How effective is our work towards reaching the MDGs?

By Elvira Beracochea, MIDEGO

Are we really making a difference? Should we account for our work and present transparent results, good and bad to our peers, host country partners and funding agencies?

This year the IH section hosted the second panel on “Aid Effectiveness and Accountability.” This panel is a follow on to the one we had last year. I am happy that the topic of Aid Effectiveness is raising more attention. I want to thank two guest presenters: Michael Hammer, Executive Director of the One World Trust, who came from the UK for this panel and Elisabeth Sandor of the OECD, who came from Paris for this panel.

One World Trus ( is a fifty-year old non-profit organization in the UK evaluating and holding accountable organizations such as DfID, Aga Khan Foundation, etc. Their accountability report is a must for those working in IH. Last year the OECD decided to include health as its tracer sector and is monitoring progress towards the MDGs and the commitments made in Paris Declaration.  

The APHA panel also included members of our section: Carol Dabss of The State Department, Jay Gribble of PRB,  Wendy Johnson of HAI, who presented the NGO code of conduct, and me, who presented a country’s perspective in implementing the Paris Declaration on Aid Effectiveness. Kate Tulenko of the World Bank could not come but sent her PPT. My thanks and appreciation to all the panelists and participants!

I believe the panel raised interest and many interesting views and ideas. We decided to create a yahoo group and  keep the dialog on aid effectiveness and accountability in health development activities. The address for the group is: Let me know if you want to get copies of the presentations and/or join the group. We will be drafting a resolution on Aid Effectiveness and Accountability for the next Governing Council.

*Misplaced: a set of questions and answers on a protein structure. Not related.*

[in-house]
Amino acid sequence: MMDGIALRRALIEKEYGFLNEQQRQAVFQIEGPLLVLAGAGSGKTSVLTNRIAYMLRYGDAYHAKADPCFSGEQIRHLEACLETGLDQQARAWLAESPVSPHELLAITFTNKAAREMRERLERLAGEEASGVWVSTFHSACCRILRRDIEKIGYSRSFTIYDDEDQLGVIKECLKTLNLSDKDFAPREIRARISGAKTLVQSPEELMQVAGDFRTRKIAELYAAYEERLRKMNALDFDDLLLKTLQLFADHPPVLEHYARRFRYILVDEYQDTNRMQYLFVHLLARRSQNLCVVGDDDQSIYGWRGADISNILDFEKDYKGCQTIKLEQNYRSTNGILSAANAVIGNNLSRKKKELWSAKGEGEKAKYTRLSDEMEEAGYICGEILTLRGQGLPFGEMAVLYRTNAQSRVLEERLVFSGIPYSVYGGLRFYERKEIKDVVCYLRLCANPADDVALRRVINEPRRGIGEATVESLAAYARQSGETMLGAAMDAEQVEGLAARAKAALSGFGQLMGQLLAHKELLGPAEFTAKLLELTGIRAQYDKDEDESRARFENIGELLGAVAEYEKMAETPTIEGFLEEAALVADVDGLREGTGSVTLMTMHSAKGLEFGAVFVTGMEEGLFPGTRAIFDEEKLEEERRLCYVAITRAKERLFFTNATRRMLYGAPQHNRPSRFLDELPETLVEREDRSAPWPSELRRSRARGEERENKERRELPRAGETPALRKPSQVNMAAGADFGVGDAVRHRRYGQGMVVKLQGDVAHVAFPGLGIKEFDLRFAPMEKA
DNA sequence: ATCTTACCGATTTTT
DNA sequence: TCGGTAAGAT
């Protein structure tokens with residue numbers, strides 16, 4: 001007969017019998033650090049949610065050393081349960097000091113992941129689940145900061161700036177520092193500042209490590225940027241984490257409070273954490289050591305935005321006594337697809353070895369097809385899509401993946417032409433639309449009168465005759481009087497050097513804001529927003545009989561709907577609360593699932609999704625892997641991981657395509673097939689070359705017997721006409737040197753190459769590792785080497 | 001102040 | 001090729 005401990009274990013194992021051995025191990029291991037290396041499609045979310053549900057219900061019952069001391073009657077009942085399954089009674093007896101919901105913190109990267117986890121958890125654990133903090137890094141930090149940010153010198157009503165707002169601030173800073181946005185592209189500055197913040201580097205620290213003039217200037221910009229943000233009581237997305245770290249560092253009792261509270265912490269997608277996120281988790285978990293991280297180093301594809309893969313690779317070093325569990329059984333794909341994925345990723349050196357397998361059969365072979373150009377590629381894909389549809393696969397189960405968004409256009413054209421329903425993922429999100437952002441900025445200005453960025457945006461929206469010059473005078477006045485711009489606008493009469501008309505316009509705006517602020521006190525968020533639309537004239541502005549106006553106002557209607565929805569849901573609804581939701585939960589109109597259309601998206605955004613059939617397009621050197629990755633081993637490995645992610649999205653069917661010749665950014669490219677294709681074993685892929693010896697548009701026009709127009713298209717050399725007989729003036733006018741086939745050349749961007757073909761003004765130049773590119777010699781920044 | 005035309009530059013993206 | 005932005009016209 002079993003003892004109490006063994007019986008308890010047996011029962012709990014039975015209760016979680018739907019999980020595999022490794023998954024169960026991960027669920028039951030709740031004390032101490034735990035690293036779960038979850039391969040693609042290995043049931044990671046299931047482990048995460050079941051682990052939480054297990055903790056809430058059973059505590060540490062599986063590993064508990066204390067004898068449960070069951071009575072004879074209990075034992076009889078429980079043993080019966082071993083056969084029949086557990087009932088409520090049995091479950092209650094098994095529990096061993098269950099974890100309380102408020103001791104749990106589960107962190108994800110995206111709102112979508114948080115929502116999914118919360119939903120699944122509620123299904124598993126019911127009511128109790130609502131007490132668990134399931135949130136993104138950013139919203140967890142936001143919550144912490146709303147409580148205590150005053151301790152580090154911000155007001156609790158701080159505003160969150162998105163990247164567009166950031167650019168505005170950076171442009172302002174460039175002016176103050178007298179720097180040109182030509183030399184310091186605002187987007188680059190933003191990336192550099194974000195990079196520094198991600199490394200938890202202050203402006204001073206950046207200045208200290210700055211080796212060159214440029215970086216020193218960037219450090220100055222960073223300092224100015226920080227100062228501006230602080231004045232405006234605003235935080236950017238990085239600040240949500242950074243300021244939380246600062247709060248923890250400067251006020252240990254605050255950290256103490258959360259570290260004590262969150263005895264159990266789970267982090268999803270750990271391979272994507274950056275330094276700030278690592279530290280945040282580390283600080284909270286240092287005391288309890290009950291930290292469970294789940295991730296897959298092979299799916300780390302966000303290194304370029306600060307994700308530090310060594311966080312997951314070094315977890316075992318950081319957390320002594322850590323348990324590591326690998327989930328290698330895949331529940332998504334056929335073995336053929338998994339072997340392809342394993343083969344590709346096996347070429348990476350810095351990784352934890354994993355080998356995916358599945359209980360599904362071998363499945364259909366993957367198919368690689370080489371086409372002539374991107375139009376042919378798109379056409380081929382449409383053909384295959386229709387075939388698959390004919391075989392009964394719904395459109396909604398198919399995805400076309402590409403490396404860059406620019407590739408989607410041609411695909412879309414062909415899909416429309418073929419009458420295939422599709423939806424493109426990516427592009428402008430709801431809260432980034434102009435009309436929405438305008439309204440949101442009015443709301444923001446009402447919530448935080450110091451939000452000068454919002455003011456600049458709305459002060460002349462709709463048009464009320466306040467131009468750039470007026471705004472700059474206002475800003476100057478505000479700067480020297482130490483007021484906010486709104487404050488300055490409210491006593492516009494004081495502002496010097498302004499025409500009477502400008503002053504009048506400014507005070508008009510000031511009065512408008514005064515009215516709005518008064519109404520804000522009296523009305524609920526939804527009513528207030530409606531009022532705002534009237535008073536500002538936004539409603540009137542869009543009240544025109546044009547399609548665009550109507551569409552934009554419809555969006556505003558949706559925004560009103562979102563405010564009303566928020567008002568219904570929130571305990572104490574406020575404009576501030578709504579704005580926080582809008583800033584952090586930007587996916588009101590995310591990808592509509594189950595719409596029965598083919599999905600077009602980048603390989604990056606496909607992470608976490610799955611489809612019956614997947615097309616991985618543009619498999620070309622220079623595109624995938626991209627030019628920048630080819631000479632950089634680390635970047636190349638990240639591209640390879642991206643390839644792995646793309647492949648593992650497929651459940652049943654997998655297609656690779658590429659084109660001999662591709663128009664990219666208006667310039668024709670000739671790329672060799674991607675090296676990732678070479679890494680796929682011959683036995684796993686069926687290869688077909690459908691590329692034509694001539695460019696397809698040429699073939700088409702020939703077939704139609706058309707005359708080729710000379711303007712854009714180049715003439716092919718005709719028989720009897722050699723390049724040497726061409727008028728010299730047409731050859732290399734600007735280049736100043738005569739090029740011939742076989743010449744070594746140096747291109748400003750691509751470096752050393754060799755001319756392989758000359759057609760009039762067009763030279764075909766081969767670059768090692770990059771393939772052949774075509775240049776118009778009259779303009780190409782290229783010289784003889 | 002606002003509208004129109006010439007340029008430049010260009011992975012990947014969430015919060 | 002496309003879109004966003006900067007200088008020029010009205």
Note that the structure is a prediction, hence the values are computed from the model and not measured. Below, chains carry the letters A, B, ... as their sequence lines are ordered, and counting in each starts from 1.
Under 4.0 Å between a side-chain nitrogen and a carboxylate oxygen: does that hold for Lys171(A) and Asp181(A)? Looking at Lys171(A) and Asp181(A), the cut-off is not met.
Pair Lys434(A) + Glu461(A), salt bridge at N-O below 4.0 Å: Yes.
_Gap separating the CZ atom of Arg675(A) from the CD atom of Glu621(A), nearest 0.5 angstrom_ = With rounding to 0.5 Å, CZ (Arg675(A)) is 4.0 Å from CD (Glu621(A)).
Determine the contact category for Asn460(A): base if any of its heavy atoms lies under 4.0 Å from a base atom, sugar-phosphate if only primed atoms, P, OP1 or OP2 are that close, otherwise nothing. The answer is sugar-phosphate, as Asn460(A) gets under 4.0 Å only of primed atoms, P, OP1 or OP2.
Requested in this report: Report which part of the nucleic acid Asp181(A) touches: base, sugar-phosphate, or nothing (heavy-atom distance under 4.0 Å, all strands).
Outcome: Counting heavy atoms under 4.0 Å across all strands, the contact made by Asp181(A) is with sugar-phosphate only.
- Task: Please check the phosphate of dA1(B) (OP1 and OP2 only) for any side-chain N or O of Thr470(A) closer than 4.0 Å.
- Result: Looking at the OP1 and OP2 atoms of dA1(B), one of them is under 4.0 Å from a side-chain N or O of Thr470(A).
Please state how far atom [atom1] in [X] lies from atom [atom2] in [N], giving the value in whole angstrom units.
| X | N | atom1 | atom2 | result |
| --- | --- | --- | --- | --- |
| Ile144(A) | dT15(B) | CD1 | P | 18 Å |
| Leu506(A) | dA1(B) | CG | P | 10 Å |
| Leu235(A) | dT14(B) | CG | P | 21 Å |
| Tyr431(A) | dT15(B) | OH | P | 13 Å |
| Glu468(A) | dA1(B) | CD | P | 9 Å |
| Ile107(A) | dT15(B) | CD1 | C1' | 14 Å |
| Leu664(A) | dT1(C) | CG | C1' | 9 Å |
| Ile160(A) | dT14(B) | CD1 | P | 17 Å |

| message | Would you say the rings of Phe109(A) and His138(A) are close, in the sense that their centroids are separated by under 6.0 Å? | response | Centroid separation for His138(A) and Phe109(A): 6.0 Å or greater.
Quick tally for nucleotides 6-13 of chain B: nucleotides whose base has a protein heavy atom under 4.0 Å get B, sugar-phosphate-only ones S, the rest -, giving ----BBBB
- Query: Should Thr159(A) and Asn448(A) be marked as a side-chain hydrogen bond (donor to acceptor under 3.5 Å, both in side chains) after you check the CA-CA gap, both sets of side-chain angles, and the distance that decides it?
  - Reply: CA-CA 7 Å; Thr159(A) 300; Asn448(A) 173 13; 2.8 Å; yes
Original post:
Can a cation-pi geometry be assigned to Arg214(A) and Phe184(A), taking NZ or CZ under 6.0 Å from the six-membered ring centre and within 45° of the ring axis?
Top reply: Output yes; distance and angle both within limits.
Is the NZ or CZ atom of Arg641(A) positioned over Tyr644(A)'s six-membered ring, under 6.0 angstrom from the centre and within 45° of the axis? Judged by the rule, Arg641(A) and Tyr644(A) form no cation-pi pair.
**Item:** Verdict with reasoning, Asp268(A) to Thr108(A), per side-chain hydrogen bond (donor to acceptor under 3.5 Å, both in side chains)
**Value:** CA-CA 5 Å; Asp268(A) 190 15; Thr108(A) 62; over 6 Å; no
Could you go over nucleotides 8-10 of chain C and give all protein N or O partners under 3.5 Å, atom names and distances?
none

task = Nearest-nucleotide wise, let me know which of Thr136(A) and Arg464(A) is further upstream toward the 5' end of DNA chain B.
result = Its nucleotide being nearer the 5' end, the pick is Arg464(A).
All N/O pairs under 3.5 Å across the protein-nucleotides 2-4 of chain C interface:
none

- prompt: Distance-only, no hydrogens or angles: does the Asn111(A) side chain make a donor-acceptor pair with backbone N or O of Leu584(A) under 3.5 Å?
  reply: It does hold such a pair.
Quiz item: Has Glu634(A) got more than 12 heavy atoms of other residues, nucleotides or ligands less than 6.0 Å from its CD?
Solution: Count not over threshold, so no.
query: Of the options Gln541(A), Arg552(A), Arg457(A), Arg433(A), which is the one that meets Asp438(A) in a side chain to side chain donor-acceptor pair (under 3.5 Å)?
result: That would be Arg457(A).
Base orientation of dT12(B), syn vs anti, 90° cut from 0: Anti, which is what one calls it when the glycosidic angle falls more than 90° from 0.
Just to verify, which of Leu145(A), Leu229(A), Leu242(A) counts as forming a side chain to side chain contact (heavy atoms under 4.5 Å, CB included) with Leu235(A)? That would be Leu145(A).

One thought on “How effective is our work towards reaching the MDGs?

  1. To give or not to give, this is the debated question! Aid Effectiveness and Accountability is an important topic to continually address. In terms of aid effectiveness, William Easterly writes in “The White Man’s Burden”, that grandiose programs using massive amounts of foreign aid is hard to evaluate. If grand schemes and big ideas are hard to evaluate, it would be quite difficult for future improvement. He even includes studies which mention that aid may have no effect or even negative consequences on the aid recipient. We have to continually evaluate all aid programs so that we ensure it will only bring about positive outcomes. Perhaps, we should keep in mind our ultimate goals like providing basic human rights to every global citizen, but approach it in small steps and smaller programs which we can evaluate.

    To address accountability, all foreign aid results should be presented to host country partners, donors, and even more! As a global citizen, everyone should see the positive and unfortunate negative effects of various aid programs. Foreign aid includes any type of resources provided to another country. Sometimes it works and sometimes it doesn’t… Unfortunately, the continual teaching and implementation of Western ideas, including free markets and capitalism, don’t always benefit a country, but actually worsen their situation. We have seen various types of catastrophes happen; loans that carry along exorbitant interest rates that result in poorer countries and structural adjustment programs that ask countries to reduce national spending, the list goes on. Who will be accountable for various types of foreign aid that do more harm than good?

    All who give assistance, give out of compassion, but it doesn’t mean we cannot own up to our mistakes!

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